We are celebrating Easter Week here on the farm. Work preparing fields for planting is interrupted and punctuated by gentle rains and drizzles. All the water is waking the trees and shrubs…they are slipping into their gauzy underthings. The garlic is up. The bloodroot is blooming, with its white blossoms and blood red juice: a living ode to the Resurrected Christ. I love to think of Mary Magdalen. How she was first to the tomb. How she mistook the Lord for the gardener.

flats of seedlings awaiting an Easter bath 
at Little Flower Farm
How he must have been doing the things that gardeners do. Encouraging new growth. Playing about in the dirt. Pushing aside mulch to ease the emergence of bulbs…conducting a symphony of resurrection. She thought he was the gardener, and found him to be the Christ…like Beatrix Potter going to retrieve her mail and finding a friend, like anyone who finds the unexpected treasure in the ordinary and rejoices. It is the experience of spring.




inspiration, quotes, and pictures found in Marta McDowell's lovely book "Beatrix Potter's Gardening Life...The plants and places that inspired the classic children's tales" Cannot recommend it highly enough for a delightful spring read! To visit Marta's page go to www.martamcdowell.com



Saturday, March 20, 2021

Writing a Libretto

 Some years ago we were looking at a farm for sale in Utica, MN.

As soon as we hit the rambling rural backroads of “Amish Country” we found ourselves pressed against the car’s windows in a spellbound silence. One particular sight that is seared on my memory is that of a young towheaded boy nor more than 4 or 5 years of age, tending a bon-fire of trash in the backyard of one of the white farmhouses. It struck me instantly that to our “English” sensibilities, both the fire and the fact of the child working were something distasteful and frowned upon as too risky…at the same time I found myself keenly desirous of the pluck and initiative of the little fellow in the blue trousers, both for myself and my own children.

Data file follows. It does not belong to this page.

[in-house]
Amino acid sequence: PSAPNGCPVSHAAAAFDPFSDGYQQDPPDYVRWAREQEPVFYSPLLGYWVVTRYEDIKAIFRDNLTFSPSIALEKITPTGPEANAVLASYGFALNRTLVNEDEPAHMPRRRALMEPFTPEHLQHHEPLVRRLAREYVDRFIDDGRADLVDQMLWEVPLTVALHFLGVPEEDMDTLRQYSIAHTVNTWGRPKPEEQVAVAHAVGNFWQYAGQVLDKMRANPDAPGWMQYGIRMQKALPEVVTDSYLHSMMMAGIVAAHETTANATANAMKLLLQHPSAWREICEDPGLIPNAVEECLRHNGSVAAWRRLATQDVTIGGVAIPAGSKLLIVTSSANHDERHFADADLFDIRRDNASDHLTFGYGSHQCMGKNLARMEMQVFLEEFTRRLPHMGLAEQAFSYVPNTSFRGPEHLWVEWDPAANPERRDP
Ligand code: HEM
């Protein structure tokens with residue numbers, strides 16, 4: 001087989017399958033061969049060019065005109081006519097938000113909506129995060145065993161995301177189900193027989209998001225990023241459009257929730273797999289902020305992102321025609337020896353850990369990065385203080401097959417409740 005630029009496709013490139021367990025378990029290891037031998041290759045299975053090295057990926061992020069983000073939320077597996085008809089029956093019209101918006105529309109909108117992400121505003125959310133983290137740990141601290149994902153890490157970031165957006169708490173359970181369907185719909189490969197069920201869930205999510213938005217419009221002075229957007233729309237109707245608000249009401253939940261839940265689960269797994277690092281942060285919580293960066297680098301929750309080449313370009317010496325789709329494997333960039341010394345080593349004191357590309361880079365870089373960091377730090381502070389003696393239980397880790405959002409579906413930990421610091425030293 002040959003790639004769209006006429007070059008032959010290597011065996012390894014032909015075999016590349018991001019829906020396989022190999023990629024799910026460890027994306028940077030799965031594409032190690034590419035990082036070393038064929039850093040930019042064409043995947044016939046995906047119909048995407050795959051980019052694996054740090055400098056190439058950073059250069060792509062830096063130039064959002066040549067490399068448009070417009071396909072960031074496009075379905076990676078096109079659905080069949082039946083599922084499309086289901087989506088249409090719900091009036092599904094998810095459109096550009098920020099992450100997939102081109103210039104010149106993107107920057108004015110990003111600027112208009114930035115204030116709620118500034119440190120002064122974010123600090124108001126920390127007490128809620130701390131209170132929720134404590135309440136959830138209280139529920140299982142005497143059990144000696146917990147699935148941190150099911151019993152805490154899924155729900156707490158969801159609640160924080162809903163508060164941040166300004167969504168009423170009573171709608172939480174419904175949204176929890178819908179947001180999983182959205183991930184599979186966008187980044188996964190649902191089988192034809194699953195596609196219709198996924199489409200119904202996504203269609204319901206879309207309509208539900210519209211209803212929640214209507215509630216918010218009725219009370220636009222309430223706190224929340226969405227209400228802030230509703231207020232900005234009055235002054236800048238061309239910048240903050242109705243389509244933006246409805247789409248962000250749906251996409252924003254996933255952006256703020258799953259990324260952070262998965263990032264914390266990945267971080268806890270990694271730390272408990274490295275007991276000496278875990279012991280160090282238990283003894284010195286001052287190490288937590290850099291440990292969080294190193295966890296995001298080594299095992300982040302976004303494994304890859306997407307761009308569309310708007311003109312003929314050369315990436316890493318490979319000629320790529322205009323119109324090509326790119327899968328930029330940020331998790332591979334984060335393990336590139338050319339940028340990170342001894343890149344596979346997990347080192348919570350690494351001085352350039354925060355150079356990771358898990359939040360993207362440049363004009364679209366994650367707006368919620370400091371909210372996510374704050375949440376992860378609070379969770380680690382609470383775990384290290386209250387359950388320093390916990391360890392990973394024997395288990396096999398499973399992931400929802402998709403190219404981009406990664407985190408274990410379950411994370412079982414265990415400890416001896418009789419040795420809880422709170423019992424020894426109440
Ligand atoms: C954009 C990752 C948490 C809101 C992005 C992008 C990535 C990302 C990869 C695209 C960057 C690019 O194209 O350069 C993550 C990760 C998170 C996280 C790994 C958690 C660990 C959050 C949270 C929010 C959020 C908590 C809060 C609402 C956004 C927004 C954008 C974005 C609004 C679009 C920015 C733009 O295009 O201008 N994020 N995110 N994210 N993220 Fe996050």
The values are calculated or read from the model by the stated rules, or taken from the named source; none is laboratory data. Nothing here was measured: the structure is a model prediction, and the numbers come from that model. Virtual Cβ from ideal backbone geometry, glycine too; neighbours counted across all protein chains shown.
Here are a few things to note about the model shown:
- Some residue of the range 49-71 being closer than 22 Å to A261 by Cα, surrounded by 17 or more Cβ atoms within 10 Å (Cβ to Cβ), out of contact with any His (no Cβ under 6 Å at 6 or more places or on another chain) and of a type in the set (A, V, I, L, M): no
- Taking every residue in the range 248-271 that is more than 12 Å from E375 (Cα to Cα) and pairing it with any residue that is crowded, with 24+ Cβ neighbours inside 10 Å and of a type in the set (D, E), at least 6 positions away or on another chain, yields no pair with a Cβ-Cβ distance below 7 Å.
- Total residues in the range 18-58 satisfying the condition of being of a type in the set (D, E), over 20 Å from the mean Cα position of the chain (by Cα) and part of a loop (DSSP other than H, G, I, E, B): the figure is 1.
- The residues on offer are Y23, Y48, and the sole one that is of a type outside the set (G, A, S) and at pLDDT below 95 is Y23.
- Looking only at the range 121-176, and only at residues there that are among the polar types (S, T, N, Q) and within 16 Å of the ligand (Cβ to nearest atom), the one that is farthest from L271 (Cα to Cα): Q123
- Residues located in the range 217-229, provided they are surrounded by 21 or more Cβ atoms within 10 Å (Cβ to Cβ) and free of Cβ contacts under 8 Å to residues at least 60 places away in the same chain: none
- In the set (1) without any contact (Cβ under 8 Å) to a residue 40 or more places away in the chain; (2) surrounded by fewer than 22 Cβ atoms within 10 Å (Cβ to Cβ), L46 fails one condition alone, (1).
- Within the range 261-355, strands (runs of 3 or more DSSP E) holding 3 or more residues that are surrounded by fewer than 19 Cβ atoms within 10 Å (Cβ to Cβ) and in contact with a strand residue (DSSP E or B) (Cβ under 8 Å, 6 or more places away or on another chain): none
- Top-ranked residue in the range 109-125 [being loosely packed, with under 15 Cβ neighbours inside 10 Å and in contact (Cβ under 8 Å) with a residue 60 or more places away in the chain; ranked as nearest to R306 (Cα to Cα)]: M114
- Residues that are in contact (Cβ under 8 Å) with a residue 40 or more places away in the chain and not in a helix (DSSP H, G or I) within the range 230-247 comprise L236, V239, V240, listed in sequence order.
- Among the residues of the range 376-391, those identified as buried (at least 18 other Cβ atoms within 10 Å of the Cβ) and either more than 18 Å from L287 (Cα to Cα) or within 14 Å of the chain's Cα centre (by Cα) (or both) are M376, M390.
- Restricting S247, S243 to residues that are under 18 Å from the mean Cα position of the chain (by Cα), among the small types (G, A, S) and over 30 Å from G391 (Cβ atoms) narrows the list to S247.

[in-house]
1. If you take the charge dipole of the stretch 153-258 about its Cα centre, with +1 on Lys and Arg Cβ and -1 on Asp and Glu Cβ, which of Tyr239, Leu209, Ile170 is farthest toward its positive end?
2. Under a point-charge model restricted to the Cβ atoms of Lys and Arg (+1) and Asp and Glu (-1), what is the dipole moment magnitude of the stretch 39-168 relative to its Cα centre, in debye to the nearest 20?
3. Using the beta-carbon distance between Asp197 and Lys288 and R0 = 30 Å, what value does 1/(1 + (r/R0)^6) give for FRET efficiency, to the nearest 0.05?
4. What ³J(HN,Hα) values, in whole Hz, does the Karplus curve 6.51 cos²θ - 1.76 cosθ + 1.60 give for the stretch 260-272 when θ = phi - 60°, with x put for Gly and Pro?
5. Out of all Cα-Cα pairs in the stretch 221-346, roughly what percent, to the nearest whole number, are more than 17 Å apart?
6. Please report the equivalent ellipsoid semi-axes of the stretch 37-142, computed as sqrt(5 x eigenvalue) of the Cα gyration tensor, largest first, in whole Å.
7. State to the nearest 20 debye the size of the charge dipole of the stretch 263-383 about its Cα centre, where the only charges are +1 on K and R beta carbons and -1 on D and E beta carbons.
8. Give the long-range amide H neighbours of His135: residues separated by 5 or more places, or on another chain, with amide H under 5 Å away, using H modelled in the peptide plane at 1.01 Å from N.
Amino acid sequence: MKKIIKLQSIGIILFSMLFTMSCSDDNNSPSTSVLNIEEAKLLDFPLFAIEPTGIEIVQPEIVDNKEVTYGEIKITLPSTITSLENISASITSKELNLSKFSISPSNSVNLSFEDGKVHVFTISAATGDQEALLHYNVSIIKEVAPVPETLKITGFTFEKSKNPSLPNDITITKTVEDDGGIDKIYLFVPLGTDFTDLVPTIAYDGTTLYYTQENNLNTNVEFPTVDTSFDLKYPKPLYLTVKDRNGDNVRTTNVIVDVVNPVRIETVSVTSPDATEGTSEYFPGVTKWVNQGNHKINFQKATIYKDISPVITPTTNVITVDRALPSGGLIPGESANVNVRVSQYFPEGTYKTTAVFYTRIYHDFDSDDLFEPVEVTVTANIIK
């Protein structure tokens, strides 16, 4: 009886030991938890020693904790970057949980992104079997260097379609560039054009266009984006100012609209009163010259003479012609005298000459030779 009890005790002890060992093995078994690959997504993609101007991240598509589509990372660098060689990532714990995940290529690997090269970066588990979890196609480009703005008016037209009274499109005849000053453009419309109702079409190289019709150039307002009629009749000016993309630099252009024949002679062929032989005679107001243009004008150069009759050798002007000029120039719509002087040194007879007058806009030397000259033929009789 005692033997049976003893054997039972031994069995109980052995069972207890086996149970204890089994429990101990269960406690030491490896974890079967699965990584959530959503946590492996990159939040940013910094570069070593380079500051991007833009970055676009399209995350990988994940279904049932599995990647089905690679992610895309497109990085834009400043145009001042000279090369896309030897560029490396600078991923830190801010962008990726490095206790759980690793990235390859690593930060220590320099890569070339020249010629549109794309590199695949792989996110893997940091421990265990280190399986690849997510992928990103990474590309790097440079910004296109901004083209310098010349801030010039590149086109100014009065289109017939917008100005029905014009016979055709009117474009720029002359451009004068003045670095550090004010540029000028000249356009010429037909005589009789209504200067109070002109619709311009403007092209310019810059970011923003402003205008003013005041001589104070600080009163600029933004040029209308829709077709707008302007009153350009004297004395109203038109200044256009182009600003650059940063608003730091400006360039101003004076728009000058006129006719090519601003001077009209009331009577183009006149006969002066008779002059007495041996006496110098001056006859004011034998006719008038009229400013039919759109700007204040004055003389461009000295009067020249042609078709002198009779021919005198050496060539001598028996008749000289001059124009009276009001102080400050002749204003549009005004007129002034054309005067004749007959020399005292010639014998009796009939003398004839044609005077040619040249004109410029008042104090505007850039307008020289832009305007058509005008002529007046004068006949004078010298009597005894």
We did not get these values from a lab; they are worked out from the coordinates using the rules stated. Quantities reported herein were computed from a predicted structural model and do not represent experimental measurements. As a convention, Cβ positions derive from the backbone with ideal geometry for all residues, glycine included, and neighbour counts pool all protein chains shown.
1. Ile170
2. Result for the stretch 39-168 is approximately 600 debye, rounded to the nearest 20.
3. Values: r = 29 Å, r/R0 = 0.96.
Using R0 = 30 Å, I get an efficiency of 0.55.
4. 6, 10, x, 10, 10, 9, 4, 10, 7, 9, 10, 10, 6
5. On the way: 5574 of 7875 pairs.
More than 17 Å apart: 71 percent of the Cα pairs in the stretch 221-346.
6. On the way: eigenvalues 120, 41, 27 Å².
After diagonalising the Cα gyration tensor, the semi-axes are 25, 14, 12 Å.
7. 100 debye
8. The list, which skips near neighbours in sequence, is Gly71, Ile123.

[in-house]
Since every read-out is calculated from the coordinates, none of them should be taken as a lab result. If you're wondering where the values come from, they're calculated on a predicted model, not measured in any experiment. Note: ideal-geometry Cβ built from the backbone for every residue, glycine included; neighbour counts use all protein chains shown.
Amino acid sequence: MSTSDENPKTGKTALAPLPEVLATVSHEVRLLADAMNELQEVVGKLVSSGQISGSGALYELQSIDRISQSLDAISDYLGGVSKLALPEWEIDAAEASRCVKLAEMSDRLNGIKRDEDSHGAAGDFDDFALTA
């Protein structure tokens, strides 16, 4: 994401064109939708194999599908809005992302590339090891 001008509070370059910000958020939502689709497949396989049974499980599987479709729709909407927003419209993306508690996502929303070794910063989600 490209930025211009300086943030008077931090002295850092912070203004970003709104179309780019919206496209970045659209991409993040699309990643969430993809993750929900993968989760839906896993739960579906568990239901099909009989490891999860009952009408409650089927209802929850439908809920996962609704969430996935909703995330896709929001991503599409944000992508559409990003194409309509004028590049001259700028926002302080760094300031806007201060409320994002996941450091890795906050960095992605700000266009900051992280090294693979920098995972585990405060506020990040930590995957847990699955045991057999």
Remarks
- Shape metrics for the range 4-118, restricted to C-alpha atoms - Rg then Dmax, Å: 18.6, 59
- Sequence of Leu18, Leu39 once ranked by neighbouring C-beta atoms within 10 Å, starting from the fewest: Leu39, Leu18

In stark contrast, the “farm” we visited ended up being something of a rural leisure estate. The family had come, hoping to “raise their children in the country” and had left. All that remained now were the trampoline, the large home, with its cable TV hook-ups, and the multi-car garage and boat storage. There were no signs of fields tilled, trees planted, or even a garden.

There are two ways of living in the country “for the children’s sake”. One involves them as partners, and makes them as much a goal as any crop, and the other manages them like an retired old gelding that is put in a paddock with food and water and left to itself for the rest of the time. Living in the country does not magically make for a family filled with “down home values” and a serious work ethic. Joel Salatin’s 1st and 2ndcommandments for family friendly farming are “Integrating children into every aspect of the farm” and “Love to Work.”

“Children in diapers need to be involved with the activities. I have no idea how many times our kids fell asleep in my arms on the tractor seat. I’m sure someone will jump on me about safety here, so let’s talk a little about safety to get it out of the way…..The simple truth is that a life worth living is fille with risk. Anyone who wants to eliminate risky from his own life or the life of his children does so at the cost of taking the zest and fire out of life. The rough and tumble part of life teaches wisdom and caution. One of the things we’ve noticed since our children were tiny was their caution compared to the recklessness of non-farming children.”

                                                                      Joel Salatin, “Family Friendly Farming”

People squeamish about risks need to listen to more opera. Or sing it.